Several weeks ago, I noted that a new zero-tolerance regime in relation to drugs was being implemented in Mountjoy Prison. Figures have now been released which show the extent of the drugs problem, not only in Mountjoy, but in the Irish prison system generally.
The Irish Times reports that since the beginning of last year, illegal drugs have been seized in Mountjoy Prison 1,074 times, while the total number of seizures in all of the other 13 prisons in the State amounts to 1,398. This means that drug seizures at Mountjoy equate to 45% of all such seizures in the State’s prisons.
It is suggested that the increase in drugs seizures at prisons is due to an increased level of anti-drug action on the part of prisons since the introduction of an intensified searching regime, known as Operation Support Group, in May 2008. Continue reading “Drug Seizures in Irish Prisons – Numbers Released”
Friday September 24th 2010 is Culture Night when 20 cities, towns, counties and islands around Ireland will offer the general public free access to an array of cultural events and activities. The night celebrates culture in all its forms, including painting, poetry, dance, opera, theatre, history, architecture, traditional music and more.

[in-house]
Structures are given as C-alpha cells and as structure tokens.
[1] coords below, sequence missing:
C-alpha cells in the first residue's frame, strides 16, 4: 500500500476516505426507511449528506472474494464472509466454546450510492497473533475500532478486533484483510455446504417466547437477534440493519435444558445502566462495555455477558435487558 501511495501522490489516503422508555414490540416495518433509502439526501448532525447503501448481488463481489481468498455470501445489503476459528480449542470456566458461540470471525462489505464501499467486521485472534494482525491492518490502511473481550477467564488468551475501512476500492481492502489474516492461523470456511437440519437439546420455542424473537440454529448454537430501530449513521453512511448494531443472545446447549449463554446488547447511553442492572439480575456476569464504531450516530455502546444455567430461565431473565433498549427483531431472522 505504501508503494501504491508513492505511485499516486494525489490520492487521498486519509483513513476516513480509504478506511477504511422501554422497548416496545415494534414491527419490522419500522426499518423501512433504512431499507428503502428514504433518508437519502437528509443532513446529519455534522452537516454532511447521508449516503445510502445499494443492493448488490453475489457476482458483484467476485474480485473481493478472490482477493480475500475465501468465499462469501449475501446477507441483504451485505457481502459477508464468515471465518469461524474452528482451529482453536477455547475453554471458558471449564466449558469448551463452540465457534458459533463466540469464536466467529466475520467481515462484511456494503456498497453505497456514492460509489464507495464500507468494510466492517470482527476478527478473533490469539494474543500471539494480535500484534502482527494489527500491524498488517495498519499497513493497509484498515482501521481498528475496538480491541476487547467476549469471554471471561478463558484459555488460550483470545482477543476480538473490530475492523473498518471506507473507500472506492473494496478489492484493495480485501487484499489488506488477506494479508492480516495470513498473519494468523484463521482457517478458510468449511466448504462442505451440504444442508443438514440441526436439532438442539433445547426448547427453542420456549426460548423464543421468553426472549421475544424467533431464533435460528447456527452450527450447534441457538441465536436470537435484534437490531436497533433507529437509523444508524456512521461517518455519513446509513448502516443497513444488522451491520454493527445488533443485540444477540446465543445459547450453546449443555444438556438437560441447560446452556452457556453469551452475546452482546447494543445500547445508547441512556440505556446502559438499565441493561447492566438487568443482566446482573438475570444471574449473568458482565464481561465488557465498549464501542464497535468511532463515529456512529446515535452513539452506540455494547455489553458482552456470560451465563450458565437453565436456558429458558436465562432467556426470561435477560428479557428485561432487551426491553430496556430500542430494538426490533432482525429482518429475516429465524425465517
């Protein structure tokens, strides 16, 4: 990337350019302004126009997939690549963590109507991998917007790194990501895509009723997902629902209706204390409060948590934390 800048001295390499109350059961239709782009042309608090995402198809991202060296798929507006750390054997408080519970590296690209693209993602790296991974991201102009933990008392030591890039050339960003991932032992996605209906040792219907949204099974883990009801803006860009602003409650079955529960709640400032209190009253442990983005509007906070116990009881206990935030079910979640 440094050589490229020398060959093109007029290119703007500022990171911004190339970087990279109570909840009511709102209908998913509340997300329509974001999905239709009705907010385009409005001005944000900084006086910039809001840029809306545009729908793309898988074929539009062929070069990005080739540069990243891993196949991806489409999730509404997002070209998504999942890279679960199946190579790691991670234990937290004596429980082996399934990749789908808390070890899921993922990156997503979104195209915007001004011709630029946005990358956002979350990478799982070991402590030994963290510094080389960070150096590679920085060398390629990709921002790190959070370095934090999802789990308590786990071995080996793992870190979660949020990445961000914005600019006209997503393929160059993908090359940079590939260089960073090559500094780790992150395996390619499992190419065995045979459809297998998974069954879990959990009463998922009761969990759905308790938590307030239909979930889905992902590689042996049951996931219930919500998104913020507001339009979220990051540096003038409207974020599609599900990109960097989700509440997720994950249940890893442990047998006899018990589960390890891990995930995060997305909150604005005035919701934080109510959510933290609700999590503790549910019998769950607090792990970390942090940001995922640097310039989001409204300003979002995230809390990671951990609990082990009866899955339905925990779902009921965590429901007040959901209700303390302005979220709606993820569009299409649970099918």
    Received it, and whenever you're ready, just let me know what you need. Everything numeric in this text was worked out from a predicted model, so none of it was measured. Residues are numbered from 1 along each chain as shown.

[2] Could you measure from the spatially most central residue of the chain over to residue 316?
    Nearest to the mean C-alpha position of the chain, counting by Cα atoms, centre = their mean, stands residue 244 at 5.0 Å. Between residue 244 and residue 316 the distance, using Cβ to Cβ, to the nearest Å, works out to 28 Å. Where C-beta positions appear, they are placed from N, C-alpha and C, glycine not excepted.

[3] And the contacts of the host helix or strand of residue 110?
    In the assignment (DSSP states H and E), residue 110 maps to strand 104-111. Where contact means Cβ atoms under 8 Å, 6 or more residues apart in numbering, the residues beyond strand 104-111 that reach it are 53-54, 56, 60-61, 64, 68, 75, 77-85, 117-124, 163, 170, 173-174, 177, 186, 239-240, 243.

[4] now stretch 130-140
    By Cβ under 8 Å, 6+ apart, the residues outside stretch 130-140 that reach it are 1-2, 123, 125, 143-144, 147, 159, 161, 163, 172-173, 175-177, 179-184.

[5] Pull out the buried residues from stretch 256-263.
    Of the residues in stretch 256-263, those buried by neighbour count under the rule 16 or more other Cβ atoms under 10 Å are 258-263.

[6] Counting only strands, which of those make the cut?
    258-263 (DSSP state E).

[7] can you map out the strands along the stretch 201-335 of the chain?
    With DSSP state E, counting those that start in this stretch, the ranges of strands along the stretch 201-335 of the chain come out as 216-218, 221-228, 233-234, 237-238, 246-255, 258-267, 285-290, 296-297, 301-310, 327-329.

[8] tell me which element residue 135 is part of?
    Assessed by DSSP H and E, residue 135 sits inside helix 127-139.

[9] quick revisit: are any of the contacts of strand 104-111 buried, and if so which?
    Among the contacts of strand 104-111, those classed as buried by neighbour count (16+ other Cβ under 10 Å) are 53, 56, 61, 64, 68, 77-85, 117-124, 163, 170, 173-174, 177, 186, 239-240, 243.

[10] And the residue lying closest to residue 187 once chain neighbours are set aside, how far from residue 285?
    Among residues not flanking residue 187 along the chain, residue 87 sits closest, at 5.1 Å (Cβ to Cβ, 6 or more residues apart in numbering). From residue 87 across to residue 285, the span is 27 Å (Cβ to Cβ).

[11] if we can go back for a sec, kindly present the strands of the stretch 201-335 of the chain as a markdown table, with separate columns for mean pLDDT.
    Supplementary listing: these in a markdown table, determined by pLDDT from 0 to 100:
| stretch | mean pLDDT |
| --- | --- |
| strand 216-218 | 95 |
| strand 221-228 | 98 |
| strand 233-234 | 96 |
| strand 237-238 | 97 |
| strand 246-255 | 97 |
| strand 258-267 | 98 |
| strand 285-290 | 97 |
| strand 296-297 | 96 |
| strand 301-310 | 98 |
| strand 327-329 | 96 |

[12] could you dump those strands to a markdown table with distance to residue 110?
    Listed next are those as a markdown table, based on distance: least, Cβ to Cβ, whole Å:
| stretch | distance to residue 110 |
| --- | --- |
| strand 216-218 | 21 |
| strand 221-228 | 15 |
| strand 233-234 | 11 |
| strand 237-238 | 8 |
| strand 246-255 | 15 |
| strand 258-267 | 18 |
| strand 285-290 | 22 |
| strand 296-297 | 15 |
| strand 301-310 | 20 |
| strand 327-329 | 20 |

The Irish Penal Reform Trust is getting in on the cultural act too, and will host “The Auld Triangle Walk” on the night – a walking tour incorporating an eclectic mix of prisons, the changing criminal justice system of Ireland, history, architecture and more.
The walking tour will begin with Mountjoy Prison where experts in the field of prison history and criminology will give a unique insight into crime and punishment in Ireland – past & present! With expert guides, the tour will wind its way through the streets of Old Dublin and go on to explore the Debtors Prison, Green Street Court House, King’s Inns, and the Four Courts, which has stood for over 200 years as a bastion of law in Ireland.
The tour will begin at 6.30pm in the Woodstock Cafe on Phibsboro Road, Dublin 7 and will last approximately 90 minutes. Interested parties should register by emailing the IPRT: firstname.lastname@example.org.
Both the Sunday Tribune and Morning Ireland have recently reported on the changes being made at Mountjoy Prison since the new governor, Ned Whelan, took over on July 1, 2010. Governor Whelan has established a “zero tolerance” policy in relation to drugs, stating that he does not agree with the suggestion that allowing drugs in makes for a quieter prison.
The “zero tolerance” policy is supported by several new measures including: the placing of sophisticated netting (costing €250,000) over one of the prison exercise yards (the other two are to be covered with netting in the next two months); a new requirement that visitors make prior appointments; and the introduction of drug dogs. Not only does the crackdown on drugs serve to assist Governor Whelan, formerly of Portlaoise prison, in his efforts to “try and rehabilitate and protect everyone within the prison”, Continue reading “New Regime begins at Mountjoy Prison”